Legal colleague of Michael Lynn denies acting for him in property deals

Solicitor tells theft trial she never signed mortgage applications for Lynn

A solicitor who worked for Michael Lynn & Co Solicitors has told his multimillion euro theft trial that she never acted for Mr Lynn in the purchase of a €5.5 million property in Howth.

Giving evidence, Fiona McAleenan said she didn't sign an application for a €3.85 million loan for the €5.5 million Howth property known as Glenlion and that her signature was forged in a March 2007 letter to Bank of Scotland Ireland saying she was acting for Mr Lynn in the matter.

The correspondence stated: “I confirm I am a partner in the firm and I wish to advise I am acting independently of Michael Lynn in this matter.” Ms McAleenan said she had never seen this document until she was shown it in court on Tuesday.

Patrick McGrath SC, prosecuting, asked: “Did you ever have anything to do with this application for the transfer of €3.85 million to the borrowers Michael Lynn and [his wife] Bríd Murphy?”


“No I did not,” Ms McAleenan said.

Mr Lynn (53), of Millbrook Court, Red Cross, Co Wicklow, who is on trial accused of the theft of about €27 million from seven financial institutions, has pleaded not guilty to 21 counts of theft in Dublin between October 23rd, 2006, and April 20th, 2007.

The prosecution alleges Mr Lynn obtained multiple mortgages on the same properties from banks that were unaware other institutions were also providing finance.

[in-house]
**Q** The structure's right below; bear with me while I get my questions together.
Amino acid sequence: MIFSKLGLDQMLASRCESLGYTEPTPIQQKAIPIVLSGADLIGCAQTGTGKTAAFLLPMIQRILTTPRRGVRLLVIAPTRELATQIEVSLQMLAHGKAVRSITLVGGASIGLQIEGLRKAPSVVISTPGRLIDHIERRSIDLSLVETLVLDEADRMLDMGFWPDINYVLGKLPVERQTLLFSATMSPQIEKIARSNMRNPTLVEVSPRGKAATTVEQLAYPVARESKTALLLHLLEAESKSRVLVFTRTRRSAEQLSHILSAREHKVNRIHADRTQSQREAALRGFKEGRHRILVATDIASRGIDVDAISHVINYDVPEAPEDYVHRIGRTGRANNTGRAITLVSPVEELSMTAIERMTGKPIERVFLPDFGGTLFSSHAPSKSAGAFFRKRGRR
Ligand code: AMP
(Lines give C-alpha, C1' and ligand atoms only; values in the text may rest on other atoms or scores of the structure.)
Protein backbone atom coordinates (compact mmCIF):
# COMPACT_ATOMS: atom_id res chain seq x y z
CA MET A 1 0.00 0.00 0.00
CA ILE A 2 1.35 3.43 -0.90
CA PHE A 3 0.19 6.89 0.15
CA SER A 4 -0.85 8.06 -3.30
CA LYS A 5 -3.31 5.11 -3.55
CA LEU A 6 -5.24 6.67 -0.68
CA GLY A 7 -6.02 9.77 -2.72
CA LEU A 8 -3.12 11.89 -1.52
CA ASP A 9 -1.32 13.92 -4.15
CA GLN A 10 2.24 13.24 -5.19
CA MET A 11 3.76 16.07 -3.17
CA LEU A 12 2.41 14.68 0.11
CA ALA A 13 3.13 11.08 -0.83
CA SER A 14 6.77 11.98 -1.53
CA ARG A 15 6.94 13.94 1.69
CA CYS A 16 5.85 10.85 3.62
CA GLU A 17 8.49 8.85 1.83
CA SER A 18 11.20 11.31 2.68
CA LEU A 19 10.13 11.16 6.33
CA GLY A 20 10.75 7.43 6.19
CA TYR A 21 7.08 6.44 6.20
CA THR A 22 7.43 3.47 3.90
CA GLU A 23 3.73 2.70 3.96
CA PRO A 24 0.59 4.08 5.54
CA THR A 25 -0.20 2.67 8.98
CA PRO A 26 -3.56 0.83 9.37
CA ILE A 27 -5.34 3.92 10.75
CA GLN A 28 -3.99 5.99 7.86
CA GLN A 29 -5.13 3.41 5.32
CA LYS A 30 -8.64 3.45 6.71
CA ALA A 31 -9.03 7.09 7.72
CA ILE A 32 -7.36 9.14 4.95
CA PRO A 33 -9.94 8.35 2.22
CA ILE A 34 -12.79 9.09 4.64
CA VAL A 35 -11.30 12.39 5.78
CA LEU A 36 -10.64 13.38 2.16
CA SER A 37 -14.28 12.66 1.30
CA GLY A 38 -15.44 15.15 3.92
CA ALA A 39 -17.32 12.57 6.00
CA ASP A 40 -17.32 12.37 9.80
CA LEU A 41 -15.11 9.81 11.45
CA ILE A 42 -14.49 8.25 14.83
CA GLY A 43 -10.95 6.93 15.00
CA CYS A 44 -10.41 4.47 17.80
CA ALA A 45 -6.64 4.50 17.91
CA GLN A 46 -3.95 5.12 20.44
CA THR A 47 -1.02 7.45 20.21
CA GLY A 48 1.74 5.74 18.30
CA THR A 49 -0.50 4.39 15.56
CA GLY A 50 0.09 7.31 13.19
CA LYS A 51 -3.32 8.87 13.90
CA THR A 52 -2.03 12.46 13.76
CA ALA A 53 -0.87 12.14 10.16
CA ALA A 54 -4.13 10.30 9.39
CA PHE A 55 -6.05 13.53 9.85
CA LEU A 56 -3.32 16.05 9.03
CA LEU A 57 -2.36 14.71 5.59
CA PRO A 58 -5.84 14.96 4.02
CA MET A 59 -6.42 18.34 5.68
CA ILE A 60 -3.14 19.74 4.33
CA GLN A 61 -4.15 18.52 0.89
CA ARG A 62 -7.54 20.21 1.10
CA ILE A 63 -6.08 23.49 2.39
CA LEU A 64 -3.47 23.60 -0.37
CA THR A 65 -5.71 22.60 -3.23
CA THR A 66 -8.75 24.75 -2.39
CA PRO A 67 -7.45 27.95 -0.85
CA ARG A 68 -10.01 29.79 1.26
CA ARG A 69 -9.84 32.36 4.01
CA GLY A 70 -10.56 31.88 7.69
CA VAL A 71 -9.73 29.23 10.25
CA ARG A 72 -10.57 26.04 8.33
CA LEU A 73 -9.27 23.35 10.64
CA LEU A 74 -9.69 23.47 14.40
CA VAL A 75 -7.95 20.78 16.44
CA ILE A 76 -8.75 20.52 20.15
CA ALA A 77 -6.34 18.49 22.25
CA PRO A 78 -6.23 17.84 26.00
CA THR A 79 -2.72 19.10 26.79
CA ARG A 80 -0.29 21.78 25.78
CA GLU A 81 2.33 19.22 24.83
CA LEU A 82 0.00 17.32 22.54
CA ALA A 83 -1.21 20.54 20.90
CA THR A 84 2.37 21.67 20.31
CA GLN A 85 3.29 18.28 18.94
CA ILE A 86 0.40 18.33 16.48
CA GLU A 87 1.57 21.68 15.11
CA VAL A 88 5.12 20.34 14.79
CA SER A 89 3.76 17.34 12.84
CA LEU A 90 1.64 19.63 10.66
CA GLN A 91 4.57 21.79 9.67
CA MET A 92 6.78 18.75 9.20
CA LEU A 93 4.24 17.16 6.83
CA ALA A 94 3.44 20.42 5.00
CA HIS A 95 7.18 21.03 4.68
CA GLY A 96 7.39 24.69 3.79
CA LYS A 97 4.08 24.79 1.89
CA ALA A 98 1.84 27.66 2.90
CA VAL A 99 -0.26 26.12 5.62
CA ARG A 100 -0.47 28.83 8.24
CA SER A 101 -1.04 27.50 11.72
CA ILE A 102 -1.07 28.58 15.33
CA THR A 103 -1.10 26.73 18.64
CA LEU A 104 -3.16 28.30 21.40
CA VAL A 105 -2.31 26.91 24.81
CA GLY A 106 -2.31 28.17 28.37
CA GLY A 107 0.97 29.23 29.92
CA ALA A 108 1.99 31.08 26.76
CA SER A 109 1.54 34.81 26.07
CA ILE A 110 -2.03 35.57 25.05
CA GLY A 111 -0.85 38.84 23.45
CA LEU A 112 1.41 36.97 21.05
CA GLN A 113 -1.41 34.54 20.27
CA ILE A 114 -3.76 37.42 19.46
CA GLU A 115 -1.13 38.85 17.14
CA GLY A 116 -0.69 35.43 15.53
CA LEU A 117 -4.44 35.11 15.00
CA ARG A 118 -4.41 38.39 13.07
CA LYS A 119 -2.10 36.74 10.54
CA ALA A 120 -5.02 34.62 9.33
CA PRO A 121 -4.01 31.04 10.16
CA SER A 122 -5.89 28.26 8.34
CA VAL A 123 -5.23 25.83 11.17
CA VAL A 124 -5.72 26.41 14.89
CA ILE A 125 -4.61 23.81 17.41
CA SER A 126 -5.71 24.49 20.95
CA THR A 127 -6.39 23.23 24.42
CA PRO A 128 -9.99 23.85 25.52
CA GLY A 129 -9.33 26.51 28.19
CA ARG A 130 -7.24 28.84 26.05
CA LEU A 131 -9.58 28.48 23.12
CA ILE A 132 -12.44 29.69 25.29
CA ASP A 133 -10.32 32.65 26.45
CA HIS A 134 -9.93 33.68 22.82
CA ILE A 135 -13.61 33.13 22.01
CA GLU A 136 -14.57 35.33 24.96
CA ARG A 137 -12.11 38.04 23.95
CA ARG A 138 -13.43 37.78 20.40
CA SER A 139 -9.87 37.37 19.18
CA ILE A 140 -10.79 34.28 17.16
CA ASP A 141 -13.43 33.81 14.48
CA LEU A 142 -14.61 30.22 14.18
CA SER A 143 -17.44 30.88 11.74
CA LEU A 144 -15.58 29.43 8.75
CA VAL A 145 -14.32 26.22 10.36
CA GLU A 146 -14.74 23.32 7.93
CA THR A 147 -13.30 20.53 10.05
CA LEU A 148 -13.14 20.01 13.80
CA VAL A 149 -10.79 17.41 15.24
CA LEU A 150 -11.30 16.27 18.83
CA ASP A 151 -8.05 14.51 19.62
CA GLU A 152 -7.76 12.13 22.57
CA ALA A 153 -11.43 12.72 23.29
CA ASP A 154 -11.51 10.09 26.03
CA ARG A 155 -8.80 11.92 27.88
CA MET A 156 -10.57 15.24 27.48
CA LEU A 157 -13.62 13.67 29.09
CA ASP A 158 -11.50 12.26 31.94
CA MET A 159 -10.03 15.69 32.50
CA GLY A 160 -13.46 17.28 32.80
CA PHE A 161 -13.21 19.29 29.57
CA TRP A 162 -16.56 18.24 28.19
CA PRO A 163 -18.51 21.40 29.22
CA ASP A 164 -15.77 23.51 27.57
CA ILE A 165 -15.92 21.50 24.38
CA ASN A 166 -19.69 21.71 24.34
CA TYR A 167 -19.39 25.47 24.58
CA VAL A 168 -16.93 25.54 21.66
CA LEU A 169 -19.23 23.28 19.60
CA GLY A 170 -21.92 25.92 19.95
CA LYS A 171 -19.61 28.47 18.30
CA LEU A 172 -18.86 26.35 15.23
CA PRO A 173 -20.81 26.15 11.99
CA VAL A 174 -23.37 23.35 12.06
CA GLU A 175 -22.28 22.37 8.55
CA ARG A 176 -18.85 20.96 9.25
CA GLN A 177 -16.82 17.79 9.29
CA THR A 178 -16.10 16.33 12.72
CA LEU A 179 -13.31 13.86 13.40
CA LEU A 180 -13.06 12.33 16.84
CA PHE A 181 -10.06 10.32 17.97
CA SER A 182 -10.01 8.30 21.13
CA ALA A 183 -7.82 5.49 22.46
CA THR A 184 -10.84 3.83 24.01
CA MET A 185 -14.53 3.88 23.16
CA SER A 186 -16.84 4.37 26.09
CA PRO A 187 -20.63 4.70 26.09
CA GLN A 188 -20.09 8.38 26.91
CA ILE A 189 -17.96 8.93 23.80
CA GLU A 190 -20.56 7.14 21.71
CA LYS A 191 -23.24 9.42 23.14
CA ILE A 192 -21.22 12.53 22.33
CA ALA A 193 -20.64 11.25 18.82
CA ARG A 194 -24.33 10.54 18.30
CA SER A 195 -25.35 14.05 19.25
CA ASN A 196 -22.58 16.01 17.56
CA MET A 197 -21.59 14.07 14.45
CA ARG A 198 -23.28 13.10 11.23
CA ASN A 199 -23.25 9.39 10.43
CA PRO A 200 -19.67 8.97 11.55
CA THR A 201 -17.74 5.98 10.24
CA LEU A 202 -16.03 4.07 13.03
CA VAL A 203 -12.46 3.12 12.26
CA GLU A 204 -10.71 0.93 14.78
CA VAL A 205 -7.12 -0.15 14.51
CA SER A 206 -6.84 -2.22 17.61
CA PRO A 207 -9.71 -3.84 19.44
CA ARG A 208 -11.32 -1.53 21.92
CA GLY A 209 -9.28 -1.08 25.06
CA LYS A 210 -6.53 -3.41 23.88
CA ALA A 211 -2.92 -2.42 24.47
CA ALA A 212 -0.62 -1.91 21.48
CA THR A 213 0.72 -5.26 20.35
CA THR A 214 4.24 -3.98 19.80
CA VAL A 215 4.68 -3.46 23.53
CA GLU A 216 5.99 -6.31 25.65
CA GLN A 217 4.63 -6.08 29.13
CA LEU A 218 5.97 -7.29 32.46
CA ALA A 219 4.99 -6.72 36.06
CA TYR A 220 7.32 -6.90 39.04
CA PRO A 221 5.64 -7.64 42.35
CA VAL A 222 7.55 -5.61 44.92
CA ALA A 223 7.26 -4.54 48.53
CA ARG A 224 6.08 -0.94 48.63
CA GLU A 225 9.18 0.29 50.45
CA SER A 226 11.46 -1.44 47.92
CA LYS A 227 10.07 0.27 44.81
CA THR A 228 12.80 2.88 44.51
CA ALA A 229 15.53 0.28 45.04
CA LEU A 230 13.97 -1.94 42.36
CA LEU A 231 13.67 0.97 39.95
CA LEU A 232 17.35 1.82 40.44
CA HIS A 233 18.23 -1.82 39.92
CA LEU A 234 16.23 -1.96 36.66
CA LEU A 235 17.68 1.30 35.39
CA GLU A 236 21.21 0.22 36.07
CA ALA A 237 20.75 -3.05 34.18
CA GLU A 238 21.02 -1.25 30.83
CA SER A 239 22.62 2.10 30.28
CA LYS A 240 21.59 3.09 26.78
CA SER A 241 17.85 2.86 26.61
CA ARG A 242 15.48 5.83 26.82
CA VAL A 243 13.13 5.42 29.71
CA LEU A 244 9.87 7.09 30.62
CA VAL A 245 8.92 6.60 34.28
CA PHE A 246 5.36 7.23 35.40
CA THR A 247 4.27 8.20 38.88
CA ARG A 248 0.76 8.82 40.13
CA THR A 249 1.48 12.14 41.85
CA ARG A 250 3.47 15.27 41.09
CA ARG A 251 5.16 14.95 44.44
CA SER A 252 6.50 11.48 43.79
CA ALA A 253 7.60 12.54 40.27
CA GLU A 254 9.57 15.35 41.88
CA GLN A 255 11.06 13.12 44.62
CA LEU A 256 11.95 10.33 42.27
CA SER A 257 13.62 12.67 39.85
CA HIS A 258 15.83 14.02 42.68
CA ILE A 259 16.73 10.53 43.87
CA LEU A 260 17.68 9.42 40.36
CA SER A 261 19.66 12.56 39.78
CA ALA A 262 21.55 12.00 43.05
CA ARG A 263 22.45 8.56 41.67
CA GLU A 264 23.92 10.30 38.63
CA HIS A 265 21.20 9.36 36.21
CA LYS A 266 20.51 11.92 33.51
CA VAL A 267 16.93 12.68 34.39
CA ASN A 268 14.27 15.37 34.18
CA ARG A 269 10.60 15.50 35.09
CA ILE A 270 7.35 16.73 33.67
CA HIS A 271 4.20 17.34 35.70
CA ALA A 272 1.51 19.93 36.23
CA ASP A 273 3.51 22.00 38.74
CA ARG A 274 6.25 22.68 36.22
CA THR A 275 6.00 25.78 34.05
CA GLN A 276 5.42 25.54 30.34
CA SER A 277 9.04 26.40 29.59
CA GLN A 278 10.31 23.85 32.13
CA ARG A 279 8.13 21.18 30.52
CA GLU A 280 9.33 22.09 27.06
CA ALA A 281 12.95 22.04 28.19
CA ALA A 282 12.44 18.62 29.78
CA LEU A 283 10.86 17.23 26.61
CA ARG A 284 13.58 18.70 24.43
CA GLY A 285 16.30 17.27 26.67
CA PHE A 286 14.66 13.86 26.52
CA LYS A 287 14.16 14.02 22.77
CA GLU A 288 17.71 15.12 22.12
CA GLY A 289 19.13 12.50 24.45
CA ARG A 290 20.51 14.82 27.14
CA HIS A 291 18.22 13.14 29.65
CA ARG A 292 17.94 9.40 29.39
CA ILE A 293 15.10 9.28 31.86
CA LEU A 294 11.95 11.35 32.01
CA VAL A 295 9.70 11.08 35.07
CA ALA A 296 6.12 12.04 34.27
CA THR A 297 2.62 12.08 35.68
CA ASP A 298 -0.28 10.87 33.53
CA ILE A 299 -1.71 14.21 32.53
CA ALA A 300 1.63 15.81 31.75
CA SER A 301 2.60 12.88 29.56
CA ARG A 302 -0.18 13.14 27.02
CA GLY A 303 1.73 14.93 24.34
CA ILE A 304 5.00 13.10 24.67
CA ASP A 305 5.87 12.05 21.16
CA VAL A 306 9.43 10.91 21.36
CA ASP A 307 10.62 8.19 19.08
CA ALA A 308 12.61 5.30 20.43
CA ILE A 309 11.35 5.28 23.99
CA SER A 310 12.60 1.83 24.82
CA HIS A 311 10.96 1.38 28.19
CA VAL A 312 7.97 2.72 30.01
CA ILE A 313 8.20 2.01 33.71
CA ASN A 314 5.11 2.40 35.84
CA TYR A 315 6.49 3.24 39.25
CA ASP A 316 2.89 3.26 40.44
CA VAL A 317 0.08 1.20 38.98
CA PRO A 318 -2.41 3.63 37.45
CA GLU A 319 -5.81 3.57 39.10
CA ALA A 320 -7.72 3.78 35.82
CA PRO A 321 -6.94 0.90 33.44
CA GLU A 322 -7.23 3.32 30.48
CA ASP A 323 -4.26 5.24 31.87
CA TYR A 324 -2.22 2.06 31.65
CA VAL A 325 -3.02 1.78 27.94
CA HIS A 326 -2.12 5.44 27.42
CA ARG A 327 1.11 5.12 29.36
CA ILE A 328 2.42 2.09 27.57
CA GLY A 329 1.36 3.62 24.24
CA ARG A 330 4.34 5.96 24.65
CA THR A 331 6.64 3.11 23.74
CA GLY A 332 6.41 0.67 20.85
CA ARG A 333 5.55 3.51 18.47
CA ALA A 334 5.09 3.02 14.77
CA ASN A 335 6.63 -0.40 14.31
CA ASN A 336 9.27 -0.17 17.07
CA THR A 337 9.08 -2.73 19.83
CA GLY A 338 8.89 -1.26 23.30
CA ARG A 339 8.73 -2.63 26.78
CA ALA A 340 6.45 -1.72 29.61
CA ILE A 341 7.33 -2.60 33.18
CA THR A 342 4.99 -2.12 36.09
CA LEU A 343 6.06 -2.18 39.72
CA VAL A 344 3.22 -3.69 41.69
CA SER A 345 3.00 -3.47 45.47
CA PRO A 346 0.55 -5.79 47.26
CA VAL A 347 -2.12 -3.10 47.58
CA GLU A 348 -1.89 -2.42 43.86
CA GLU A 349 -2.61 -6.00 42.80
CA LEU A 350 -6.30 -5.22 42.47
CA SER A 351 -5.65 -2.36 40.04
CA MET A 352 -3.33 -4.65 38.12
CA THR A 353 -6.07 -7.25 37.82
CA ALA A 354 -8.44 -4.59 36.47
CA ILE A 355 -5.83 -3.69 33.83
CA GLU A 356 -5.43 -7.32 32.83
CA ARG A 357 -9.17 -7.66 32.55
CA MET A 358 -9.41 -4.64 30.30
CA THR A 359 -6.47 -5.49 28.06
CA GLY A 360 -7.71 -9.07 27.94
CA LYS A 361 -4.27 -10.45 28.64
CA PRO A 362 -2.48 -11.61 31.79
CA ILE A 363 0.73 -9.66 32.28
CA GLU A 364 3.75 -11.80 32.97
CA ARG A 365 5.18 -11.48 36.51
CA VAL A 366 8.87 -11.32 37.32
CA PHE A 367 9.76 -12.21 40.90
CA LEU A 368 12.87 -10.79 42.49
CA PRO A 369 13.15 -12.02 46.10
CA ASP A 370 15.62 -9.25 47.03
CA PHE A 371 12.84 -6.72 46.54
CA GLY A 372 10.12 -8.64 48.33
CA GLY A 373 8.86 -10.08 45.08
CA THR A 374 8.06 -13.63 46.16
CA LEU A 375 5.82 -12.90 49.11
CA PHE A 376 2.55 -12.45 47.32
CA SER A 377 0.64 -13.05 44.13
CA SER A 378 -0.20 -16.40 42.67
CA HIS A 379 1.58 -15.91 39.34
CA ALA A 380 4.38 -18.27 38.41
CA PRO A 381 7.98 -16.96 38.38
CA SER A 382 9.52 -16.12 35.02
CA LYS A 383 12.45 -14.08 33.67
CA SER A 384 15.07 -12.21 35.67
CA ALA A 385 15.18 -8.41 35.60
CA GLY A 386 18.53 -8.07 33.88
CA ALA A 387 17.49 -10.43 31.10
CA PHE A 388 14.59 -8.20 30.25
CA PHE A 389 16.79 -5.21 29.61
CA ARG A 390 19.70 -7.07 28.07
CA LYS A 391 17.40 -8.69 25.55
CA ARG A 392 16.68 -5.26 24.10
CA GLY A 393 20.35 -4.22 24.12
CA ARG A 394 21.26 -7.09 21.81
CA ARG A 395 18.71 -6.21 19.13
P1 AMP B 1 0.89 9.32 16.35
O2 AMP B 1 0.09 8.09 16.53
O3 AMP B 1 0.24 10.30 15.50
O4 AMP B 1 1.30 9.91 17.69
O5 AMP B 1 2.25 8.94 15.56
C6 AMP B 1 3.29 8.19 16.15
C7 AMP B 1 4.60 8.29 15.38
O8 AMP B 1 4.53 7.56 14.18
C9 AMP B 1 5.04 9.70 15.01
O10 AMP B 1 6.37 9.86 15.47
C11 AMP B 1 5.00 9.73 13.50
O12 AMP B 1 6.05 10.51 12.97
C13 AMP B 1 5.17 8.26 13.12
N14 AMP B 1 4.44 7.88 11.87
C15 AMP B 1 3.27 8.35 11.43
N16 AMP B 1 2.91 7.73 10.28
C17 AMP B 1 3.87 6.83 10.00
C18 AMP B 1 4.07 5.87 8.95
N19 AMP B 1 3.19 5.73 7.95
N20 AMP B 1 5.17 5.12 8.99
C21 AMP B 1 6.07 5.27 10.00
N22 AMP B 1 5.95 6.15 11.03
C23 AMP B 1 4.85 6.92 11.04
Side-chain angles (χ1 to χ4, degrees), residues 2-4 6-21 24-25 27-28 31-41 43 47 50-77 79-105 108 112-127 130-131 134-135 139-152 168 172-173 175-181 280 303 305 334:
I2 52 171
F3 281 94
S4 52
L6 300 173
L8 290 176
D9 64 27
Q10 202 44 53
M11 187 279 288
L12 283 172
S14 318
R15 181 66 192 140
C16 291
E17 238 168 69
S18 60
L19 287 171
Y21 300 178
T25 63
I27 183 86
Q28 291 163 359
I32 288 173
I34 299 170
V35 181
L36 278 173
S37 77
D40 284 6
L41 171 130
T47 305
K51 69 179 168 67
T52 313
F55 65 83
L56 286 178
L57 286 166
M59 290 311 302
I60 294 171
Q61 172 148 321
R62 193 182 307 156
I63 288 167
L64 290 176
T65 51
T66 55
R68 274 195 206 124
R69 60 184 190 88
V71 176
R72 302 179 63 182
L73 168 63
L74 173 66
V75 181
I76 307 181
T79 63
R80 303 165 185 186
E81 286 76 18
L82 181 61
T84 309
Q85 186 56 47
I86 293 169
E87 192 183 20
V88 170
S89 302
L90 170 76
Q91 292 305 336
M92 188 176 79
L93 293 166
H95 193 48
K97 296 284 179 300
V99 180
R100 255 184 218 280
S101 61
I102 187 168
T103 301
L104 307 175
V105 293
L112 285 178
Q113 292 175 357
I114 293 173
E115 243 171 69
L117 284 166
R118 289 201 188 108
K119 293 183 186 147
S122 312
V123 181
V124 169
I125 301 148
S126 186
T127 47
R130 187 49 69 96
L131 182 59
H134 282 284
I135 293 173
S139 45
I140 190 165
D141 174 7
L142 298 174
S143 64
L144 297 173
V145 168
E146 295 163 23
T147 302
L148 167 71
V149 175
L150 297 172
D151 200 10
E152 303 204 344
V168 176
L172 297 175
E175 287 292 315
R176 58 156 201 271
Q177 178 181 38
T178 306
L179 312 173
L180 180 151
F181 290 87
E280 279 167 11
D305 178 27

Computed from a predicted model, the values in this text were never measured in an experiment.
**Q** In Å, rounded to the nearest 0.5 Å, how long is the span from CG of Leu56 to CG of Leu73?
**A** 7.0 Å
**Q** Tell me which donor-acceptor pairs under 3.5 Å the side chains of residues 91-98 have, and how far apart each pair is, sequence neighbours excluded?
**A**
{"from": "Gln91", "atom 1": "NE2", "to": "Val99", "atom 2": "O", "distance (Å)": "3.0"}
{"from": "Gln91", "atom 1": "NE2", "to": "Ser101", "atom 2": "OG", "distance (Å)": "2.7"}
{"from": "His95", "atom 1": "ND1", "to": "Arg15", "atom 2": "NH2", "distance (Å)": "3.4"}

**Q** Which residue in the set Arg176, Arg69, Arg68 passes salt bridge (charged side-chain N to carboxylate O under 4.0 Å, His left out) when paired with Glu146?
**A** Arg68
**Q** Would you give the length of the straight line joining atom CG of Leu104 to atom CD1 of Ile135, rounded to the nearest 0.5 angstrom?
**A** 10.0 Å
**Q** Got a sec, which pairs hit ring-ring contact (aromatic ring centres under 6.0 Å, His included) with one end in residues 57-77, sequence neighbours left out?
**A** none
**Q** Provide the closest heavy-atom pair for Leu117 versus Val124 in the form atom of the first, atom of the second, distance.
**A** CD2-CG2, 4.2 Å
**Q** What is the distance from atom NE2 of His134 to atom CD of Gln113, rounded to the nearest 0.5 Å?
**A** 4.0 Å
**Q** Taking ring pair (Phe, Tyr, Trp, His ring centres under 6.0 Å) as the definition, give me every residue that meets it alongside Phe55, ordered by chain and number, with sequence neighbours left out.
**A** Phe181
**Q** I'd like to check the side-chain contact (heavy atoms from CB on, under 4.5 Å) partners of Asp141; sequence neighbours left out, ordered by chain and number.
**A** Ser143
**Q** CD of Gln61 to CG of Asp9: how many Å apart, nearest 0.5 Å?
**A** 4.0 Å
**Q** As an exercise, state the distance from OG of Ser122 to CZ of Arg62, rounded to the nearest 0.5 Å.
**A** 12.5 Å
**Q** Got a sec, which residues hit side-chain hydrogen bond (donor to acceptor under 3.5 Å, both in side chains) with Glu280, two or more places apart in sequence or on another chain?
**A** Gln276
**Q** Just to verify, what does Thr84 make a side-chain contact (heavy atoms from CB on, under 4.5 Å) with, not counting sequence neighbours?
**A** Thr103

The financial institutions involved are Bank of Ireland Mortgages Bank Ltd, Danske Bank, Irish Life & Permanent, Ulster Bank, ACCBank, Bank of Scotland Ireland Ltd and Irish Nationwide Building Society (INBS).

National Irish Bank

Earlier, the trial was shown correspondence from Ms McAleenan's email address to National Irish Bank in February 2007 containing a letter saying Ms McAleenan was in a position to act independently from Mr Lynn.

The letter said Ms McAleenan was a partner in the company and would be “acting in this matter independently and totally at arm’s length from my client”.

Ms McAleenan told prosecution counsel that she did not send that email and that Mr Lynn was never her client. She said it was possible someone had accessed her computer while she was at lunch or in court. She told the trial her computer was not password protected.

Elizabeth Doyle, a legal executive who worked for Mr Lynn at the time, told the trial last week that she signed Ms McAleenan and Mr Lynn's signatures on a number of documents. She said she was told to do this by Mr Lynn.

Ms Doyle told the trial she never discussed this with Ms McAleenan because Mr Lynn had said he would speak to Ms McAleenan about it.

Ms McAleenan said she did not give permission to Ms Doyle or to Mr Lynn to sign her name on any documents.

The trial continues before Judge Martin Nolan and a jury.